The ontogeny of face identity; I. Eight- to 21-week-old infants use internal and external face features in identity. Blass, E. M & Camp, C. A. Cognition, 92(3):305–327, 2004. Place: Netherlands ISBN: 0010-0277
doi  abstract   bibtex   
A paradigm was designed to study how infants identify live faces. Eight- to 21-week-old infants were seated comfortably and were presented an adult female, dressed in a white laboratory coat and a white turtle neck sweater, until habituation ensued. The adult then left the room. One minute later either she or an identically garbed confederate returned. Looking time did not increase above habituation levels when the original experimenter returned, but increased substantially when the confederate entered the room. Furthermore, internal features alone could serve as the basis of face identity. Looking times of infants who had habituated to experimenters with masked outer features of hair, ears and neck also markedly increased when a second identically dressed experimenter returned. Identity in this instance could only be based on internal facial characteristics. A second study assessed the contributions of internal and external facial features to identity. Infants were habituated to an experimenter in a short wig. One minute later they saw her again, either in the same short wig or in a long one. Alternatively, they saw a second experimenter wearing either the short wig or the long one. Infants looked longer only to the stranger wearing the long wig. Very brief looking times occurred to the familiar adult, regardless of wig, and to the stranger wearing the familiar wig. This paradigm provides an approach to discover rules used by infants of different ages to process and identify adult faces and to establish the bases of face preference.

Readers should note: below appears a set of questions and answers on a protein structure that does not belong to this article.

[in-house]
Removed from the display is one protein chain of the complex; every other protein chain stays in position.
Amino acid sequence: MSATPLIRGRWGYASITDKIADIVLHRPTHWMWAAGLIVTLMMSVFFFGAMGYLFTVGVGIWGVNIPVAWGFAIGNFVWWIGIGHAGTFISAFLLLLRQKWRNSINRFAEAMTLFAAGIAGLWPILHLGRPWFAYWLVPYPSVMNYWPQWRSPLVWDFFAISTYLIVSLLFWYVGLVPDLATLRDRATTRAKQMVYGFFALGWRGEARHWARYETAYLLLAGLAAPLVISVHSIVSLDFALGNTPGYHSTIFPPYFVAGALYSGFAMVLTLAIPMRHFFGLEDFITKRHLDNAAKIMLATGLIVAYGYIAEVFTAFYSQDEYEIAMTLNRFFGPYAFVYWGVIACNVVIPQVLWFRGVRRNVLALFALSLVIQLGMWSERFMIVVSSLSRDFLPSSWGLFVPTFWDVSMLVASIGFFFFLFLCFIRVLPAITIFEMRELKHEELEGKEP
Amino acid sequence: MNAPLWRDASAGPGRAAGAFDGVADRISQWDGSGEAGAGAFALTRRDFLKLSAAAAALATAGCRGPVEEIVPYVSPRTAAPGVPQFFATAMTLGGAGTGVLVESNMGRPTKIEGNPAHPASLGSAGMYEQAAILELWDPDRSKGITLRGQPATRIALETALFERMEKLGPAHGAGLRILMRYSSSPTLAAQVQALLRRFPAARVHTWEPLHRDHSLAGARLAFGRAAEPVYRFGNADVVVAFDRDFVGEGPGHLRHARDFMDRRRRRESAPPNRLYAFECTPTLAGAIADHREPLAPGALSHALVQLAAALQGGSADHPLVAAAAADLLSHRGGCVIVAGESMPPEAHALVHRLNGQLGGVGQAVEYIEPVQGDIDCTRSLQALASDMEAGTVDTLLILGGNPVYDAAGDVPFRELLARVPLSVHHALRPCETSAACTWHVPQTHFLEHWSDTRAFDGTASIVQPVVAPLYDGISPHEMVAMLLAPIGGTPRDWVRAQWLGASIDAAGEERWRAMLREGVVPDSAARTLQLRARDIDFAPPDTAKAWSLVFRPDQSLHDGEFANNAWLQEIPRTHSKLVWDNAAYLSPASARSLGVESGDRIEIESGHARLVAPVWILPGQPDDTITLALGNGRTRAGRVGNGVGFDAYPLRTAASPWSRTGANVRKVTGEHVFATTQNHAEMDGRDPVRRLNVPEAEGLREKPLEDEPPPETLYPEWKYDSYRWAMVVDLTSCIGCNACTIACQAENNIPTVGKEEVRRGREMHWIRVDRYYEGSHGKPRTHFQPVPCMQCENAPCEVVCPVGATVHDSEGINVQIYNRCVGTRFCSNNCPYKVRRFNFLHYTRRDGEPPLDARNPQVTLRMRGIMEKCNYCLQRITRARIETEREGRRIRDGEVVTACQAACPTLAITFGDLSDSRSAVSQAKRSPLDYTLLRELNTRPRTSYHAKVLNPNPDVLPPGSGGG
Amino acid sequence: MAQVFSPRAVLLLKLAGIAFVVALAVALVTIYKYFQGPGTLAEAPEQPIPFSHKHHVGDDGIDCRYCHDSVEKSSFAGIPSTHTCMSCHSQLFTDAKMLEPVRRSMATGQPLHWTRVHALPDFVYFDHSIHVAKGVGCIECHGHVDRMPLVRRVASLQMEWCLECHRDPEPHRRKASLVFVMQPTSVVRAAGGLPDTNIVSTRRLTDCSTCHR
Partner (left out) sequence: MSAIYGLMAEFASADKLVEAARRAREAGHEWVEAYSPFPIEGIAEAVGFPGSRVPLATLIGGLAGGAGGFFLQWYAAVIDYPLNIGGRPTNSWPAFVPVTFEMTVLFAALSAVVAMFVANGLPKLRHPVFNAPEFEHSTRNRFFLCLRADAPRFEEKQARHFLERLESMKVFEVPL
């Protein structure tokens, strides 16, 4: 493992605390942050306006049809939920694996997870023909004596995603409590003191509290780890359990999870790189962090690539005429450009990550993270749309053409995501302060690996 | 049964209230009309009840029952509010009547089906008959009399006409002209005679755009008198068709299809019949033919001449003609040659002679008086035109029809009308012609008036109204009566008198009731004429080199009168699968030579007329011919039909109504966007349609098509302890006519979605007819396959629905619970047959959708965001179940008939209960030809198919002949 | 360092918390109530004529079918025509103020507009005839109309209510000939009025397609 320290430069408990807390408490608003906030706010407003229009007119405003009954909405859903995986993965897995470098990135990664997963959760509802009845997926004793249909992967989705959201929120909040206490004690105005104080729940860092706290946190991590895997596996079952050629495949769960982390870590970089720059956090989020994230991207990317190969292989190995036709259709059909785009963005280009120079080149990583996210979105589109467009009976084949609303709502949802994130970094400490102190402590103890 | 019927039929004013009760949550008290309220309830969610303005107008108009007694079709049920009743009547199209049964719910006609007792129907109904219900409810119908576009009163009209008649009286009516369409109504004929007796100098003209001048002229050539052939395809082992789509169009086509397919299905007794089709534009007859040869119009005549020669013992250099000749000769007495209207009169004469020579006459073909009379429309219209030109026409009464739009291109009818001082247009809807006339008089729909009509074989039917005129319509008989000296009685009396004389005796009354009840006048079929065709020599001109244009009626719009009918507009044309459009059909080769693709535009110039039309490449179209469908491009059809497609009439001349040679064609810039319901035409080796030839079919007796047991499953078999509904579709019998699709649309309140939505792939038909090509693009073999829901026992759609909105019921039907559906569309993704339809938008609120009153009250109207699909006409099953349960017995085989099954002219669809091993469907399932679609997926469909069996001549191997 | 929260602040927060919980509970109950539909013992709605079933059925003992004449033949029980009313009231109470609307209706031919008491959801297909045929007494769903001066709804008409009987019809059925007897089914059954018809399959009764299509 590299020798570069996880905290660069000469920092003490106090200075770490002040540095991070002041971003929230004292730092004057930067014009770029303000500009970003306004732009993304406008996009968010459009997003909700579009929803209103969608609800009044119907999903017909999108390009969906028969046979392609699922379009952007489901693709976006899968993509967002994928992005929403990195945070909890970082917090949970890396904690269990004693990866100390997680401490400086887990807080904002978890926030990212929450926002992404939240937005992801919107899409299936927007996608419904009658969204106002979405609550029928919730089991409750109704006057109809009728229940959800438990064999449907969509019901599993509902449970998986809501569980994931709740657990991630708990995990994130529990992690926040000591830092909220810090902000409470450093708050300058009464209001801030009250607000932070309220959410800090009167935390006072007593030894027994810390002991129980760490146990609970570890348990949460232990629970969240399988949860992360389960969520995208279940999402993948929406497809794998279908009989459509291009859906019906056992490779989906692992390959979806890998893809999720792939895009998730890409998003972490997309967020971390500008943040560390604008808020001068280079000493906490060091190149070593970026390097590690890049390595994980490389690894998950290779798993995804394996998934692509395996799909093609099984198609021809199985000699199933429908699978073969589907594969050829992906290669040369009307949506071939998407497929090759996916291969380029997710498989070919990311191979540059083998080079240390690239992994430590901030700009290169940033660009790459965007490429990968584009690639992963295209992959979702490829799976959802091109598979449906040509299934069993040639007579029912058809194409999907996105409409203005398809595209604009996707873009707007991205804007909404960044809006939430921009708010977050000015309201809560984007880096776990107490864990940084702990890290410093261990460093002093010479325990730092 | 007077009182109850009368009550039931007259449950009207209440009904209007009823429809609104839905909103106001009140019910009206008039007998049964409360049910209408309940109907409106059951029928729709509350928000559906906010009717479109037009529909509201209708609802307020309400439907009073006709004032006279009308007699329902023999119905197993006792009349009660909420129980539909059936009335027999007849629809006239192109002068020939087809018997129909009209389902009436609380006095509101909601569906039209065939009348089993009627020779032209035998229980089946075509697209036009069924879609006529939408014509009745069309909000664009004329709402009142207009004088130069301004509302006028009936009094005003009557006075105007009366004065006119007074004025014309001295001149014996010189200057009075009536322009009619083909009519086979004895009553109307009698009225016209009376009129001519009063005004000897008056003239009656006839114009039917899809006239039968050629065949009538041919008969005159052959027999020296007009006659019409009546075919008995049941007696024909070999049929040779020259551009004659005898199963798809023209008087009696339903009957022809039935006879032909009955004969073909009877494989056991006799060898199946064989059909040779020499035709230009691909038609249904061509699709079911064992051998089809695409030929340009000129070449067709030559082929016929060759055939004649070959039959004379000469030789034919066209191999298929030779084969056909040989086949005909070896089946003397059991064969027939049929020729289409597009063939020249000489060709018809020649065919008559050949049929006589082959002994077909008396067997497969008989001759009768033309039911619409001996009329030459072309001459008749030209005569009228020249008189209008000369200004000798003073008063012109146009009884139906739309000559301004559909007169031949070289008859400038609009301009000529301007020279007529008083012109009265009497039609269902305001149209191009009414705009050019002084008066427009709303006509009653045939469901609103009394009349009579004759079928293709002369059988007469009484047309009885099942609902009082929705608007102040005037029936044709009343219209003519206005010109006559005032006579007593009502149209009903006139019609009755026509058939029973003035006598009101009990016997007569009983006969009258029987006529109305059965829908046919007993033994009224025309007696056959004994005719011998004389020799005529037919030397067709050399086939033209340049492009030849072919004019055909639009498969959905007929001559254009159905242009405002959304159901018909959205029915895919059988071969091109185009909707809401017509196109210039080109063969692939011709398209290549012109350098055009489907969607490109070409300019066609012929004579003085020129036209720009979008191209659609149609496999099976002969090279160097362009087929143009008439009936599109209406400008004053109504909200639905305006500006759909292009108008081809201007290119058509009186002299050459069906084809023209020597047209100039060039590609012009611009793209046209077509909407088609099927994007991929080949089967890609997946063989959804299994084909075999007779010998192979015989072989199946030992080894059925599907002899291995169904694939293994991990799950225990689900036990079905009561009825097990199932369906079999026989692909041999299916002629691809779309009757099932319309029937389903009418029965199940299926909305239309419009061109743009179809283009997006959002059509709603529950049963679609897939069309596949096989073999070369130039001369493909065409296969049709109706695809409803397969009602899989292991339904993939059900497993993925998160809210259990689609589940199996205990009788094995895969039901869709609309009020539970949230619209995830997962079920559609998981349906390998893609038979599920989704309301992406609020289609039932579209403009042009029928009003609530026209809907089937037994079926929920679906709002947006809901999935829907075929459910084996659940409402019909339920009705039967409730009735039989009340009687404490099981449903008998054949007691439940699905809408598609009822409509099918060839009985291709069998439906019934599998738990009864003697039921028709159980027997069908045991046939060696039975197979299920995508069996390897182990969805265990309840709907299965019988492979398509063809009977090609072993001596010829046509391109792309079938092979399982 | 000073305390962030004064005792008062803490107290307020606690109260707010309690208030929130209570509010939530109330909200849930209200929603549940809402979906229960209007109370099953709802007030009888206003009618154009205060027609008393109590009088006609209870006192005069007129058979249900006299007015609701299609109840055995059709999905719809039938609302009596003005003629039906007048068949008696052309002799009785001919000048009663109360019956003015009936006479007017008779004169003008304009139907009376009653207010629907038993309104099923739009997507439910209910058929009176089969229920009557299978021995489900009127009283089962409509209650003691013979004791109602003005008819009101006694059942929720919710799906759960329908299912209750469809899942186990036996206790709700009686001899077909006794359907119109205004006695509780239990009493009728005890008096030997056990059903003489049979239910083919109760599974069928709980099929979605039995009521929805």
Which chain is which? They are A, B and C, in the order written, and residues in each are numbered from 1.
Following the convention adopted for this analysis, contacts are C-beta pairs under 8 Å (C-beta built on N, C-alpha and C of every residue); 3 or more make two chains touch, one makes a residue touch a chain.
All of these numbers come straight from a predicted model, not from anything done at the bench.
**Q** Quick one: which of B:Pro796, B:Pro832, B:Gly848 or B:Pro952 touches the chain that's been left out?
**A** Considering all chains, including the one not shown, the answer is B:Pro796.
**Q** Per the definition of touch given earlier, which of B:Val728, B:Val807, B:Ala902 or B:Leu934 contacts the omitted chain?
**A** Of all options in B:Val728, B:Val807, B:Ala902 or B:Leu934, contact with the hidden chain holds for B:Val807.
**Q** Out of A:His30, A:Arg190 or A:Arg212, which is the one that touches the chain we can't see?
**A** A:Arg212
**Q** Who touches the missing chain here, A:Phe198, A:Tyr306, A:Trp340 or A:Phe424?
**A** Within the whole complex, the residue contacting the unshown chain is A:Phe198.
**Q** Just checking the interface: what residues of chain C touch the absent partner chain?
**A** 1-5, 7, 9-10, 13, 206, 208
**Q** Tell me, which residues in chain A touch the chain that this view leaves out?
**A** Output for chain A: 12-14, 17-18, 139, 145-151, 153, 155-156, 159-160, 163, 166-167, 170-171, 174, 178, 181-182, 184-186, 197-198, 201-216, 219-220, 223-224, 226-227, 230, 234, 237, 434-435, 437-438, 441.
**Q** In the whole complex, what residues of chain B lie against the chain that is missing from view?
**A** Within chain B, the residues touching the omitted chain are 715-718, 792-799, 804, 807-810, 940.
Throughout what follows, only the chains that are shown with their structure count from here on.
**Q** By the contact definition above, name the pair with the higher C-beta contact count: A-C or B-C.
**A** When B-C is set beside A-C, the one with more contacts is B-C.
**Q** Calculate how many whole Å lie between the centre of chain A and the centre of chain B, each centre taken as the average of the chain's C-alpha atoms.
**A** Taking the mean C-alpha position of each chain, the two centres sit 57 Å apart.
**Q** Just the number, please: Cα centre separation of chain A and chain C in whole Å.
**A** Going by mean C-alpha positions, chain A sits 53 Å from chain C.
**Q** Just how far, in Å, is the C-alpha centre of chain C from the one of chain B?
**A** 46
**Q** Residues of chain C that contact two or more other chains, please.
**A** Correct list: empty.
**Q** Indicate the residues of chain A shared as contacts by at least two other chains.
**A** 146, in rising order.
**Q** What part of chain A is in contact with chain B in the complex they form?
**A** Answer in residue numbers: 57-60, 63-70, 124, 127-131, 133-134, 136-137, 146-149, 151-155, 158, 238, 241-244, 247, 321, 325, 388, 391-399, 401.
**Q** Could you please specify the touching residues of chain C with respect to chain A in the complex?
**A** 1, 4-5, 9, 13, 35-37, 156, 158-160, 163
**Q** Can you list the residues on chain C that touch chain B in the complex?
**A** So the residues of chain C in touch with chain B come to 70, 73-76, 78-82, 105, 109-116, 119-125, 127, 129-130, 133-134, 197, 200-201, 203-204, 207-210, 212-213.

@article{blass_ontogeny_2004,
	title = {The ontogeny of face identity; {I}. {Eight}- to 21-week-old infants use internal and external face features in identity.},
	volume = {92},
	doi = {10.1016/j.cognition.2003.10.004},
	abstract = {A paradigm was designed to study how infants identify live faces. Eight- to 21-week-old infants were seated comfortably and were presented an adult female, dressed in a white laboratory coat and a white turtle neck sweater, until habituation ensued. The adult then left the room. One minute later either she or an identically garbed confederate returned. Looking time did not increase above habituation levels when the original experimenter returned, but increased substantially when the confederate entered the room. Furthermore, internal features alone could serve as the basis of face identity. Looking times of infants who had habituated to experimenters with masked outer features of hair, ears and neck also markedly increased when a second identically dressed experimenter returned. Identity in this instance could only be based on internal facial characteristics. A second study assessed the contributions of internal and external facial features to identity. Infants were habituated to an experimenter in a short wig. One minute later they saw her again, either in the same short wig or in a long one. Alternatively, they saw a second experimenter wearing either the short wig or the long one. Infants looked longer only to the stranger wearing the long wig. Very brief looking times occurred to the familiar adult, regardless of wig, and to the stranger wearing the familiar wig. This paradigm provides an approach to discover rules used by infants of different ages to process and identify adult faces and to establish the bases of face preference.},
	language = {eng},
	number = {3},
	journal = {Cognition},
	author = {Blass, Elliott M and Camp, Carole Ann},
	year = {2004},
	pmid = {15019553},
	note = {Place: Netherlands
ISBN: 0010-0277},
	keywords = {Child Development, Face, Female, Habituation, Psychophysiologic, Humans, Infant, Male, Recognition (Psychology), research support, u.s. gov't, p.h.s.},
	pages = {305--327},
}

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